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Blogging AUSA

9:41 PM, Mar 7, 2007 • By MICHAEL GOLDFARB
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Today was day one of the AUSA Winter Symposium in Ft. Lauderdale, Florida. The convention is a technology enthusiast's dream, featuring exhibits from nearly every major defense company as well as speeches from the top brass and other Pentagon officials. There is a whole lot going on here that I hope to cover over the next couple days, but I'll start off with some thoughts on what is clearly the top concern of everyone attending this conference: defeating the IED.

The first thing that strikes me from the technology on display here is that the Humvee is pretty much a disaster. The primary weakness of the Humvee is its lack of armor. The only viable solution to that problem was to add armor, in the form of up-armor kits, to nearly every Humvee operating in Iraq. But that solution had a major downside--the vehicle's weight limit is pretty much maxed out once the up-armor kit is added.

Weight isn't the only constraint on the Humvee. Technologies that aim to counter the IED are extremely power-hungry--from jammers to communications to surveillance, all demand a great deal of electricity. But the Humvee has barely enough power to run the systems that were on board when it was first deployed. Combine the lack of electricity with the excess weight, and you have a vehicle with almost no capacity to adapt to the modern battlefield. (As an aside, I was surprised to learn that upgrades to the Stryker, the Army's premier tactical wheeled vehicle, have also been constrained by a shortage of electrical power.)

So nearly every major company here is trying to hawk some kind of technology either to improve the Humvee's survivability or to replace it outright, but the emphasis is clearly on replacing it. There are mine resistant ambush protected (MRAP) vehicles on display, and "technology demonstrators" for the next generation Humvee, the Joint Light Tactical Vehicle (JLTV).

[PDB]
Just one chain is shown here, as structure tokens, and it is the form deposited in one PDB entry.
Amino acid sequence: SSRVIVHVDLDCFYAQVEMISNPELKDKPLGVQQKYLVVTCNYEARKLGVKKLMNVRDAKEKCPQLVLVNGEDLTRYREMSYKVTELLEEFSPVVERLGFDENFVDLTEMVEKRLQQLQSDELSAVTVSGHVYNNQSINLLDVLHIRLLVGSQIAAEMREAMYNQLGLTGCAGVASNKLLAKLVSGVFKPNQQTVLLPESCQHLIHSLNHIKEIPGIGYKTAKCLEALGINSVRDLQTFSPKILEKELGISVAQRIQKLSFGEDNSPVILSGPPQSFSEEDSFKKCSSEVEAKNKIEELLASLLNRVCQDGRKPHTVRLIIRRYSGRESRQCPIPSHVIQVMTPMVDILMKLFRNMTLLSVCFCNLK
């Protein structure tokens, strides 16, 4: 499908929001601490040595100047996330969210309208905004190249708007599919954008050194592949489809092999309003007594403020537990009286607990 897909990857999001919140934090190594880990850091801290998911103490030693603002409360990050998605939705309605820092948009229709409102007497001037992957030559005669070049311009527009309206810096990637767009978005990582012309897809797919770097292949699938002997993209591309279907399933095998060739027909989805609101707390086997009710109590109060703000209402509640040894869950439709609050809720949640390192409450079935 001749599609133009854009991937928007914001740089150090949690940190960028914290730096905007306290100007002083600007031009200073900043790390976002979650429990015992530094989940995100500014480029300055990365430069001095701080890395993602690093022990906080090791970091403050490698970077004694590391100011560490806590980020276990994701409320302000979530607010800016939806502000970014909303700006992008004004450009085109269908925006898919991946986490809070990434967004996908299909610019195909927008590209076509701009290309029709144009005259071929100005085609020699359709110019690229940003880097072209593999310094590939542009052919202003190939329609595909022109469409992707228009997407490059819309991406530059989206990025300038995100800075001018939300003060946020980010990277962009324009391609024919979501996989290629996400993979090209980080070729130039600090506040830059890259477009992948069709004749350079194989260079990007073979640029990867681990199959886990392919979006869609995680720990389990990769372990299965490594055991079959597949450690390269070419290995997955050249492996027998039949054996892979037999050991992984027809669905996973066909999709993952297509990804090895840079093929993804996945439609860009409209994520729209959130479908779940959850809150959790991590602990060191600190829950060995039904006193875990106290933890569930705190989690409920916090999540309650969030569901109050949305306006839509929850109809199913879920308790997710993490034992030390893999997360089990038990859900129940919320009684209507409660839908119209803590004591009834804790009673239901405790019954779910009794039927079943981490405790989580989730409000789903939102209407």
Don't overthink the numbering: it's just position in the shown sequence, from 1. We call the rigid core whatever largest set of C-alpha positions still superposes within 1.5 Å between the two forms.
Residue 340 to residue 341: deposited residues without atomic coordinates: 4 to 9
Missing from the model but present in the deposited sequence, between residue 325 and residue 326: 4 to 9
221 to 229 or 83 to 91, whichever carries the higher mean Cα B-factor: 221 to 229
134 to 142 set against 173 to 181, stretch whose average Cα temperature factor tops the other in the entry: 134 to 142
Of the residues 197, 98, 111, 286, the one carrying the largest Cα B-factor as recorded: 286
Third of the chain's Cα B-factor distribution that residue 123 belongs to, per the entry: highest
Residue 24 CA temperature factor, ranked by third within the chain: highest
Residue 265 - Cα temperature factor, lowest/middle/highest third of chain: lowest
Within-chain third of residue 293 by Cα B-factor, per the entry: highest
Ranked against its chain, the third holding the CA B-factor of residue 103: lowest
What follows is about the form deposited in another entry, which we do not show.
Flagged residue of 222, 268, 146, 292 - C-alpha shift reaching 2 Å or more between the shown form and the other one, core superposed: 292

But let's start with MRAP. BAE had two trucks on display, one in a 4X4 configuration and the other in a 6X6. The Pentagon recently (in the last month) ordered 90 MRAPs from BAE for the Marine Corps which will be deployed to Iraq shortly--75 of the 6X6 variant and the other 15 in the 4X4. Both are impressive and appear highly survivable, but they are simply enormous--check out this pic of the 4X4.

BAE4X4.JPG

The 6X6 is, of course, larger. But even the 4X4 weighs in at more than 35,000 pounds (compare that to an up-armored Humvee which weighs roughly 13,000 pounds). The vehicles were both designed last year with input from BAE's South African unit, which has been making MRAP vehicles longer than anybody else in the industry (the reason for that is an interesting story by itself), and they might be the most survivable of the models now being considered by the military--but I don't believe either would serve as an effective replacement for the Humvee. They're just too big.

More promising as a Humvee replacement (not service-wide but in theater) is Force Protection's Cheetah. The Cheetah is the smallest of a family of MRAP vehicles that we've covered here before. The Cougar and Buffalo, Force Protection's larger MRAPs, have already seen extensive service in Iraq, but the Cheetah is new. Light, fast, and well armored, the Cheetah really could replace the Humvee throughout Iraq. I think its main advantage is that it's not so intimidating as some of the other models on display. That is, its presence on Iraqi roads might not scare the heck out of the average, friendly Iraqi civilian. And at roughly 12,000 pounds, it's in the same weight class as the Humvee.

Cheetah.jpg

The military hasn't yet ordered the Cheetah, but it's only a matter of time. And Force Protection is turning out Cougars and Buffalos as fast as they can to meet existing contracts.

Rafael, an Israeli firm, also had an MRAP on display--the Golan. The Marine Corps ordered 60 of these vehicles at the end of February, and will likely order more in the months ahead as the Marine Corps struggles to deploy more than 4,100 MRAPs to Iraq by the end of the year. Essentially, no one firm can meet the demands of the Marine Corps and the Army, which means multiple suppliers will be needed to fill the order. That ought to be a nightmare for the guys doing logistics, let alone the mechanics. But these vehicles will save a lot of American lives as they are put into service.